Singh, Bai Vir Singh, S. Wazir Singh, Bhai Mohan Singh Vaid, S. Karam Singh
Historian, Mr. M.A. Macauliffe, Bhai Jodh Singh, Bhagat Lakshman Singh and
Principal Teja Singh. Fenech from Harjot Oberoi, as also his mentor McLeod,
is simply rueing.
Through aggressive tactics such as ‘eradication campaign, problems and the
reconstitution of the sacred outlined in what Oberoi refers to as ‘the
manual of rites de passage’ linked with the armies of social change,
communication and commercialisation activity - Oberoi maintains that ‘Tat
Khalsa thinking gained ascendancy displacing to a great extent the Sanatan
Sikh discourse which had previously dominated Sikh imagination.’
It became obvious to Oberoi as also his mentor McLeod that Tat Khalsa, the
original Khalsa spirit that was overwhelmed by the forces of Brahminism for
over a century since 1750s was overcome by the original forces. They should
have chosen to write a dated account. But that was not to be. The Hindu
chauvinists came into power in 1947, and thereafter seemingly hired the
services of time servers to cause subservience and subversion. Hence the
need to review this yellow literature produced in Mina style.
The Hindu-Sikhs of 19th Century did worship Guga Pir or Sakhi Sarwar but
only till their enlightenment. Similarly, Pashura Singh must understand that
Jat Sikhs in Punjab made a big incursion into Sikhism only after 1750s and
not earlier, and martial tradition of jats, of which he talks, could have an
impact only thereafter. Sainapati (1711) was well aware of the young Khalsa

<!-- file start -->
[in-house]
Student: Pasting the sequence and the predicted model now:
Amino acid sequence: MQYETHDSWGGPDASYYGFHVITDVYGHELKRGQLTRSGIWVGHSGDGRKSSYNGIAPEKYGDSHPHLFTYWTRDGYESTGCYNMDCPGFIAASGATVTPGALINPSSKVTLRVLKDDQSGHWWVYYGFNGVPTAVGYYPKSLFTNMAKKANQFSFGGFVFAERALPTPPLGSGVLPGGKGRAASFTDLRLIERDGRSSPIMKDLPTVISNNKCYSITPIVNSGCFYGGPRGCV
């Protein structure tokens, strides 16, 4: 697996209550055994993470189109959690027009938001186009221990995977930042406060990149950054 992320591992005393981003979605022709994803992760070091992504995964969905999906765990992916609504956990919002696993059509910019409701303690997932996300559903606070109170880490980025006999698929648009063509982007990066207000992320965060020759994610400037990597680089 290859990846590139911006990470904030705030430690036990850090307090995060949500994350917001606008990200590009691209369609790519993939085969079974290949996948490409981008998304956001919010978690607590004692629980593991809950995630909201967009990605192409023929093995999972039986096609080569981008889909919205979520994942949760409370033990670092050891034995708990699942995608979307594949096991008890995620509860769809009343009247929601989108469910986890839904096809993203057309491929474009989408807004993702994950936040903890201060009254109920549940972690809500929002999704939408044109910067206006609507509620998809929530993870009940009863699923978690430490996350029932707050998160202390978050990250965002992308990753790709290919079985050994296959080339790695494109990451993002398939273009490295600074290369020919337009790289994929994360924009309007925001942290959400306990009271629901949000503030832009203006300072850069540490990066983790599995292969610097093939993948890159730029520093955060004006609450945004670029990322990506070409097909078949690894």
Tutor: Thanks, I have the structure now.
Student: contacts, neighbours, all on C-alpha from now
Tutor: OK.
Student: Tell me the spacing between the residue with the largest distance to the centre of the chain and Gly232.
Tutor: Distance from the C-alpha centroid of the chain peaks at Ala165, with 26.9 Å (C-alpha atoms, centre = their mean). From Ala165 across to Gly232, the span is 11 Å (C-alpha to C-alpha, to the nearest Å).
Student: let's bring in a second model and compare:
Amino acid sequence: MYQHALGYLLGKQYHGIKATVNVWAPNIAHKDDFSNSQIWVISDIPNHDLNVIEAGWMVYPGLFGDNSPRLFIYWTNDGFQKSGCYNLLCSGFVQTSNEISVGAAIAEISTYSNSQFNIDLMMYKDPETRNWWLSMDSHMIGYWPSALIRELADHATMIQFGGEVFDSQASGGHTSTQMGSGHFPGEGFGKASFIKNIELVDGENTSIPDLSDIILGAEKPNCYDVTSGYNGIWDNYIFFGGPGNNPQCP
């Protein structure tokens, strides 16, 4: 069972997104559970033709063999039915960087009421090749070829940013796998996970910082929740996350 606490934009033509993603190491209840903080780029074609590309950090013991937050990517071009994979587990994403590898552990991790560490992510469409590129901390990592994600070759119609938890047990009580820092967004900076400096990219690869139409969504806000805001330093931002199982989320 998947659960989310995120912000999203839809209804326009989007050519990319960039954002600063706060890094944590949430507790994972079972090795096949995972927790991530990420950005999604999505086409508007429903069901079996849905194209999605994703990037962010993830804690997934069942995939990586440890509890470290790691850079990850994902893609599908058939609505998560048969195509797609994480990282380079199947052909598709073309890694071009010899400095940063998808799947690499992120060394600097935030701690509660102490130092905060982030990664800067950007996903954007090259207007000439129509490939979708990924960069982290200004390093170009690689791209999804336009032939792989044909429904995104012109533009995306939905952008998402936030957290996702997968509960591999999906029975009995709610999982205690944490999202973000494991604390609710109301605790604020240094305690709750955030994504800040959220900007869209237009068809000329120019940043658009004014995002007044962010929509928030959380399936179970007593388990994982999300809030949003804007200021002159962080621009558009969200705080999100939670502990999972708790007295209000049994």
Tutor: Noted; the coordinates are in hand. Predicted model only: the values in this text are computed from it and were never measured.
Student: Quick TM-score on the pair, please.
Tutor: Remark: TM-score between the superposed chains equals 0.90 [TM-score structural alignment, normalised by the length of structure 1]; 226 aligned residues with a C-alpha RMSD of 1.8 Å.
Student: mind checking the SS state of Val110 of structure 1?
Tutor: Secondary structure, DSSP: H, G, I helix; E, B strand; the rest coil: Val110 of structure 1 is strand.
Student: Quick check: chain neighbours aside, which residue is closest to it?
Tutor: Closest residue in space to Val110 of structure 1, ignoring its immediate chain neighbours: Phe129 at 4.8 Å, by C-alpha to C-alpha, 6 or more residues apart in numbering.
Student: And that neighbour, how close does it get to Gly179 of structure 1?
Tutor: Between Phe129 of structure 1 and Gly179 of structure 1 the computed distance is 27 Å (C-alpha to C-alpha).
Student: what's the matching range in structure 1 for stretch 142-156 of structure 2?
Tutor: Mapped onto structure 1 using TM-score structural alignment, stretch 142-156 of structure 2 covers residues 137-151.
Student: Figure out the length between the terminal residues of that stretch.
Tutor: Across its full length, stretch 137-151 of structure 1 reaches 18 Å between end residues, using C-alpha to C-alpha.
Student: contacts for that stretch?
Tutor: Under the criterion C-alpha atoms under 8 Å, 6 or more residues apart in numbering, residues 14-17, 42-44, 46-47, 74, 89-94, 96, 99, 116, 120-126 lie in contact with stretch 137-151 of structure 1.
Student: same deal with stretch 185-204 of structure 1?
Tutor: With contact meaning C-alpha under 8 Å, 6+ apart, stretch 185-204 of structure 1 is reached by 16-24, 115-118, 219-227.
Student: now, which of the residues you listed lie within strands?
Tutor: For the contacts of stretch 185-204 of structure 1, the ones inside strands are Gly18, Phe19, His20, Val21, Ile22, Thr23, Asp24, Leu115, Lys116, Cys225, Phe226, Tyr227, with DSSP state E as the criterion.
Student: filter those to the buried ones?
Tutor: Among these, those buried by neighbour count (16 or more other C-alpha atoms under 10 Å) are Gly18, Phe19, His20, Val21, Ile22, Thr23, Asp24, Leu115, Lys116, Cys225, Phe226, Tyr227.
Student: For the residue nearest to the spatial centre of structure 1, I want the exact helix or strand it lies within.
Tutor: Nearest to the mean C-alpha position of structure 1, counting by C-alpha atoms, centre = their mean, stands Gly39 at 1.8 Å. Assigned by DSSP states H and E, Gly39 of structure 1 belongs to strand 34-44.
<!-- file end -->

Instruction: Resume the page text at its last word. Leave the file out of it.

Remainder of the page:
and its potentialities to lay down life.
It was only with the Gurbilas and some of the Rahat Namas, heavily
infiltrated by Brahamins, that infiltration starts in late 18th century.
Koer Singh (1751), Kesar Singh Chhibber (1769) and Bhai Sukha Singh, and
Bhai Santokh Singh (1844) contributed heterodox elements with whose writings
about the goddess, the Tat Khalsa would violently disagree. Even Fenech
justifies Bhai Vir Singh’s editing of Rattan Singh Bhangu’s manuscript about
the “infamous incidents regarding Guru Gobind Singh’s veneration of the
Goddess Chandi”. For Bhai Vir Singh, the Khalsa identity is paramount and is
inherent to the theme of Sikh martyrdom. It was the heroic image of the
soldier that was applied to the late eighteenth and early nineteen century
Sikh soldier.
Fenech now recalls the heroic deeds of Khalsa army recorded by George
Forster (1798), Colonel John Malcolm shortly afterwards (1810), and
ultimately Joseph Davy Cunningham (1849), after eight years of labour among
the Sikhs. And, what he wrote about say, Bhai Taru Singh closely resembled
Rattan Singh Bhangu’s Gurpanth Prakash, though he was not aware of it. It
also means that oral tradition of which both Cunningham and Bhangu spoke,
was extant during the 19th century. Herein lies the importance of Gianis,
Kathakars, and Dhadis.
Fenech however attributes to Harjot Oberoi the insightful note that one man
can rarely change the course of history, but without Ditt Singh the (Lahore
Singh) Sabha might have been a rather different body. Further that, in the
word of Fenech, Ditt Singh felt that “the observance of caste, idolatry,
priesthood, the veneration of gurus apart from the Gur Granth Sahib, and
the worship of popular saints were charcteristics against which the Sikh
Gurus had often spoken.” All these were designed to make the Khalsa once
again assume the form it had possessed during its golden age, i.e.,
1708-1765. Fenech talks of ‘Muslims persecution’ during the period, but he
has soft corner for ‘Hindu chicanery’ of which he make no mention,
Ditt Singh was aware of the wholesale extermination the Panth faced in 18th
century, and the present danger of 19th century. The Sikhs were, however,
now well placed before the “Arya Samaj and its Charismatic leaders. Another
enemy they faced was arrogance and ignorance of the contemporary Sikhs. Tat
Khalsa, of course, had to use martyr legend which predated Singh Sabha